R-CHOP Viable For First-Line Tx of Follicular Lymphoma?

November 26, 2018

A study investigates whether R-CHOP is a viable first-line treatment for patients with advanced follicular lymphoma.

The use of rituximab in combination with cyclophosphamide, doxorubicin, vincristine, and oral prednisone – commonly called R-CHOP – was a good first-line treatment option for patients with newly diagnosed follicular lymphoma, according to a 10-year follow-up analysis of JCOG0203 published in Lancet Haematology.

“The present trial revealed favorable overall survival in the long-term analysis of patients with advanced-stage follicular lymphoma treated with a first-line treatment, R-CHOP,” wrote researchers led by Takashi Watanbe, MD, of JCOG Data Center of the National Cancer Center Hospital, Tokyo. “This improvement is partly attributable to the low incidence of secondary malignancies, especially fatal hematological malignancies, reduced incidence of histological transformation, no death related to first-line treatment, and low frequency of death due to infectious events during the treatment and follow-up.”

The phase 2/3 study included 300 patients with stage III or IV indolent B-cell lymphoma, including follicular lymphoma. Patients were randomly assigned to six cycles of R-CHOP every 3 weeks (R-CHOP-21) or every 2 weeks (R-CHOP-14) with no rituximab maintenance.

This long-term analysis showed no difference in 10-year progression-free survival (PFS) between patients assigned to 3 weeks compared with 2 weeks of R-CHOP (33% vs 39%; hazard ratio [HR], 0.89; 95% CI, 0.67–1.17). Among those patients with grade 1-3a follicular lymphoma, the overall 10-year PFS was 36%.

The researchers found that males were significantly associated with worse PFS and in patients aged 61 or older an increased lactate dehydrogenase was significantly associated with worse overall survival.

“The report of the long-term analysis of the PRIMA study, which had a median follow-up of 9 years and assessed patients with follicular lymphoma with high tumor burden and patients who responded to initial chemoimmunotherapy, showed that 51% of the patients who received rituximab maintenance were alive without disease progression compared with 35% of the patients who did not at 10 years,” the researchers noted in their discussion.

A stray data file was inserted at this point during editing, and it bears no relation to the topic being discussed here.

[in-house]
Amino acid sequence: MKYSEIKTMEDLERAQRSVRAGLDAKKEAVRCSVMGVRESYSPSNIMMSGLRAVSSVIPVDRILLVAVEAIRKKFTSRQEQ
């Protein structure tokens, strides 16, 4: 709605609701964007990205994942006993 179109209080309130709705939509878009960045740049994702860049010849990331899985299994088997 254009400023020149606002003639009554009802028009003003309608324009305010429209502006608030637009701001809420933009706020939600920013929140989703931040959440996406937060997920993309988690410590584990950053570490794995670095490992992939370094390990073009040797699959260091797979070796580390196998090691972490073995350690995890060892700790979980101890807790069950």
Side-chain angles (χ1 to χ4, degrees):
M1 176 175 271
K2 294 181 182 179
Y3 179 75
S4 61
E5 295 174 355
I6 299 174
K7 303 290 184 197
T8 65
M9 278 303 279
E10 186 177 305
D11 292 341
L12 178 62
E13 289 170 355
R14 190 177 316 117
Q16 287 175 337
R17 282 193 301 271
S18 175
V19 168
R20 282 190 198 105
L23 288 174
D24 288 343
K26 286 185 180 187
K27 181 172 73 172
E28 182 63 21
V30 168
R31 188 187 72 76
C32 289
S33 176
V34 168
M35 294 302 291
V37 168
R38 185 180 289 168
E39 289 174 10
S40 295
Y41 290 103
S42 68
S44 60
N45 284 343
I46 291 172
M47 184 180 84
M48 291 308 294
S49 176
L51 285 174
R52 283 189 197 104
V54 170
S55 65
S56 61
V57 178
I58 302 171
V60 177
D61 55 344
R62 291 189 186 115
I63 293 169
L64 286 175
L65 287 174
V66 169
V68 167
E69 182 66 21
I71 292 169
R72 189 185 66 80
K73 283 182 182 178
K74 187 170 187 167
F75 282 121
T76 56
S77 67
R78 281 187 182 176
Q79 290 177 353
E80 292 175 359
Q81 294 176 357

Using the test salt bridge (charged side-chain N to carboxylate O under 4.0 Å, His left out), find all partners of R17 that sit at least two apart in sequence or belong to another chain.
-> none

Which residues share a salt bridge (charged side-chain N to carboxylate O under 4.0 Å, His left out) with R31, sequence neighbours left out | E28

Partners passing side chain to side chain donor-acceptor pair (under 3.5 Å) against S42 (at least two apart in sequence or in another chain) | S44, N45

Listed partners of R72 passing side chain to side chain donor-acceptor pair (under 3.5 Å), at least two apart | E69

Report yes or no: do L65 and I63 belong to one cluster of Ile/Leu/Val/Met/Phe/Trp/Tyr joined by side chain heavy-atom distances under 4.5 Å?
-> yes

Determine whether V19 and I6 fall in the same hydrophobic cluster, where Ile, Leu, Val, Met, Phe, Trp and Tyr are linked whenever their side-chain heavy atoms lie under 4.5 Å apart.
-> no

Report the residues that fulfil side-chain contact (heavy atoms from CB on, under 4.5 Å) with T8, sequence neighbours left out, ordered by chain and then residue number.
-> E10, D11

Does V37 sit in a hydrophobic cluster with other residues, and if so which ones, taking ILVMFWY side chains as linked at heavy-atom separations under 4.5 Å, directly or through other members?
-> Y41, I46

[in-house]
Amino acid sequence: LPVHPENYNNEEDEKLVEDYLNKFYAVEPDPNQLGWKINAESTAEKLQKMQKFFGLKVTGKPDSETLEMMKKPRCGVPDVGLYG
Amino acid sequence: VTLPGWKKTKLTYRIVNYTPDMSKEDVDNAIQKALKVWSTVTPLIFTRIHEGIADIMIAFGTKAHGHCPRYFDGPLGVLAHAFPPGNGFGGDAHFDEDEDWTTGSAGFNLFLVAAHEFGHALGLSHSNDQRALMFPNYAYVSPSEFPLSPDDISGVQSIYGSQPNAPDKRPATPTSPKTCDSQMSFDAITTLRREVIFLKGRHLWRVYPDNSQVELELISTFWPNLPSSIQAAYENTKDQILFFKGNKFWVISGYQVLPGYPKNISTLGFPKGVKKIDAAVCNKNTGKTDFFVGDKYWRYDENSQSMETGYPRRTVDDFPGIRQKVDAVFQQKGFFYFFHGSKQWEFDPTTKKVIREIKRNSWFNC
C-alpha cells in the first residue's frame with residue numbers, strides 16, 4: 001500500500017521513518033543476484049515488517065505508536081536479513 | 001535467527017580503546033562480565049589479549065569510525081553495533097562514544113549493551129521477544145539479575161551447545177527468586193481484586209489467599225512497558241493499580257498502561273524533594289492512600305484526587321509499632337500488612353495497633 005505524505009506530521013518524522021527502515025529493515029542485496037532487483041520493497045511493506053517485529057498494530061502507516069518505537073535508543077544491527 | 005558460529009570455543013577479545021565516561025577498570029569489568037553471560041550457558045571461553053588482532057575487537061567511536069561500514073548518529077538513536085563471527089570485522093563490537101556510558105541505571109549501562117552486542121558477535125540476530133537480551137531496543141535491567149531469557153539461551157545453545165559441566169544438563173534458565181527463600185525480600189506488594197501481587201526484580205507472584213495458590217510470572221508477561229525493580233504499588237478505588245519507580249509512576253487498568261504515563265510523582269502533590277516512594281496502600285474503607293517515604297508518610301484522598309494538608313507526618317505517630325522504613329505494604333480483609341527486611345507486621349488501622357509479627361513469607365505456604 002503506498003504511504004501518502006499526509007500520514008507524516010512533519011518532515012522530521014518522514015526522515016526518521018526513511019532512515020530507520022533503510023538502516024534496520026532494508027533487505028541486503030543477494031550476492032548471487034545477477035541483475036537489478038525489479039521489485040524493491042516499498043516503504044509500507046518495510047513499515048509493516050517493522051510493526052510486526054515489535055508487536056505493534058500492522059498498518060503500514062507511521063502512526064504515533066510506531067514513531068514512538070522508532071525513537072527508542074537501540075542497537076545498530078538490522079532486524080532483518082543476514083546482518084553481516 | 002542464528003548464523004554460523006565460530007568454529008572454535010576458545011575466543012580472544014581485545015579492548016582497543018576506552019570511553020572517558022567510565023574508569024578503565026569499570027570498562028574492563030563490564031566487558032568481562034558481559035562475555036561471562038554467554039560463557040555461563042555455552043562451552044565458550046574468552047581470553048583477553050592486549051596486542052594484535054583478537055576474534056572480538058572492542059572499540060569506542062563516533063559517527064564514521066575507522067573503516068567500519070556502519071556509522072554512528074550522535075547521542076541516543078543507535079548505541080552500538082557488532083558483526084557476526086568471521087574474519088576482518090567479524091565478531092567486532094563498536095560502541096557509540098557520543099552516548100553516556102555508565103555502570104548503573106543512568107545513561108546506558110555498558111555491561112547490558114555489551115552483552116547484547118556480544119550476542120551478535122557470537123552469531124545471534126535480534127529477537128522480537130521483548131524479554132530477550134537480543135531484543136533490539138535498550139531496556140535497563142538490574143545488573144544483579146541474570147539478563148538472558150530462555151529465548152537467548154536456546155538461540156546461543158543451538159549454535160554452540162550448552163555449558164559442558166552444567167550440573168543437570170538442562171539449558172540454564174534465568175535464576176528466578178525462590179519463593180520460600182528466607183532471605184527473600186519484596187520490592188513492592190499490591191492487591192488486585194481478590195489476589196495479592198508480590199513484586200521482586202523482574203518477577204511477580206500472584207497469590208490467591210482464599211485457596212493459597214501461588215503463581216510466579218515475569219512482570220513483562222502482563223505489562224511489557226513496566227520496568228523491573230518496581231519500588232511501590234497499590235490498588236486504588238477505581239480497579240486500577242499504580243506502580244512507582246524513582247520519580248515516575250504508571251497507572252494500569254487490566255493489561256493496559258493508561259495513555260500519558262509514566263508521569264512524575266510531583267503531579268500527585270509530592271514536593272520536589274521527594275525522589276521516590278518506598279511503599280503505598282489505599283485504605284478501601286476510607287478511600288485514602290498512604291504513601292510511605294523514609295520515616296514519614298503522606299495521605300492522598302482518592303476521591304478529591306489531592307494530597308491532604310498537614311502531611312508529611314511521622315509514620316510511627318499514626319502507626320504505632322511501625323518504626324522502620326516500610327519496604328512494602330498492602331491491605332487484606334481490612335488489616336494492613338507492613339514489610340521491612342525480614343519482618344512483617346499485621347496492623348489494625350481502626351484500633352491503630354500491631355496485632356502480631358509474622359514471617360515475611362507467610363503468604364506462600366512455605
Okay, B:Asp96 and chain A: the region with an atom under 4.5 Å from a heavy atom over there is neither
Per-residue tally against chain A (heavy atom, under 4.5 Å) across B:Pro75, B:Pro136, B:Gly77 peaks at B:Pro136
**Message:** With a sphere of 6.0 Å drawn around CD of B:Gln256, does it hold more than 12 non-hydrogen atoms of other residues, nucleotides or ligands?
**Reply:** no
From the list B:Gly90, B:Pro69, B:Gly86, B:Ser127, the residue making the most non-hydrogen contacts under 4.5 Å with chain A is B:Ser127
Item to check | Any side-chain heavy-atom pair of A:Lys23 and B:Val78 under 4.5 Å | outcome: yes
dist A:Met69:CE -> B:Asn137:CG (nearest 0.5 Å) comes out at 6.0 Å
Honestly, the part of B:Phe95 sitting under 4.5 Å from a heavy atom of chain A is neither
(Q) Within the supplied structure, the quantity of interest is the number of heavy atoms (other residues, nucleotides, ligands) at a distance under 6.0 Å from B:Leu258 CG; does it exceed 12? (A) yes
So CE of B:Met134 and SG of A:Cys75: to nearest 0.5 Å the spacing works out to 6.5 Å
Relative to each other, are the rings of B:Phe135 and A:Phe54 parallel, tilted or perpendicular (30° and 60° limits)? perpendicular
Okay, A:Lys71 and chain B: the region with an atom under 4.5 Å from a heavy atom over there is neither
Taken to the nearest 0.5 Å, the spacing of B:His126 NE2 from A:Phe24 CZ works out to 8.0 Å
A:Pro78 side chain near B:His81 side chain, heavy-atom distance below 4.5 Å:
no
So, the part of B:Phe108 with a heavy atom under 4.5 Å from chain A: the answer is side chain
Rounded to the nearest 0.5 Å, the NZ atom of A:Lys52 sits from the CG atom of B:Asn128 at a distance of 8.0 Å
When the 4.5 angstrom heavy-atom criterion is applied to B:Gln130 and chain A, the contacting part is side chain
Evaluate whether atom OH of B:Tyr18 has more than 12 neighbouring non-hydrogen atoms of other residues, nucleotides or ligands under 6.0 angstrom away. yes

For both arms, the incidence of histological transformation was 3.2% at 8 years and 9.3% at 10 years. Among all patients, 8.1% had a secondary malignancies at 10 years and 2.9% had a secondary hematological malignancy at 10 years.

Overall, the number of grade 3/4 adverse events was modest, the researchers wrote, likely because of “good clinical management, including taking measures to prevent of to treat adverse events such as prophylaxis against interstitial pneumonitis caused by Pneumocystis jiroveci.”

“R-CHOP can be administered to some-but not all-previously untreated patients with advanced-stage follicular lymphoma, because, after long-term follow-up of more than 10 years we report that a third of patients survive without relapse after R-CHOP treatment without rituximab maintenance,” the researchers concluded.

In an editorial that accompanied the study, Umberto Vitolo, and Annalisa Chiappella, of Azienda Ospedaliero Universitaria Citta della Salute e della Scienze di Torino, Italy, wrote that the optimum chemotherapy regimen with anti-CD20 antibody is still unknown for follicular lymphoma, but that the data from Watanabe and colleagues is reassuring.

“Improved disease control, with the introduction of monoclonal antibodies in the induction and maintenance phases, can reduce the incidence of transformation of follicular lymphoma into aggressive lymphomas,” they wrote. “However, the incidence of secondary malignancies remains an important issue, and should be monitored with prolonged long-term follow-up.”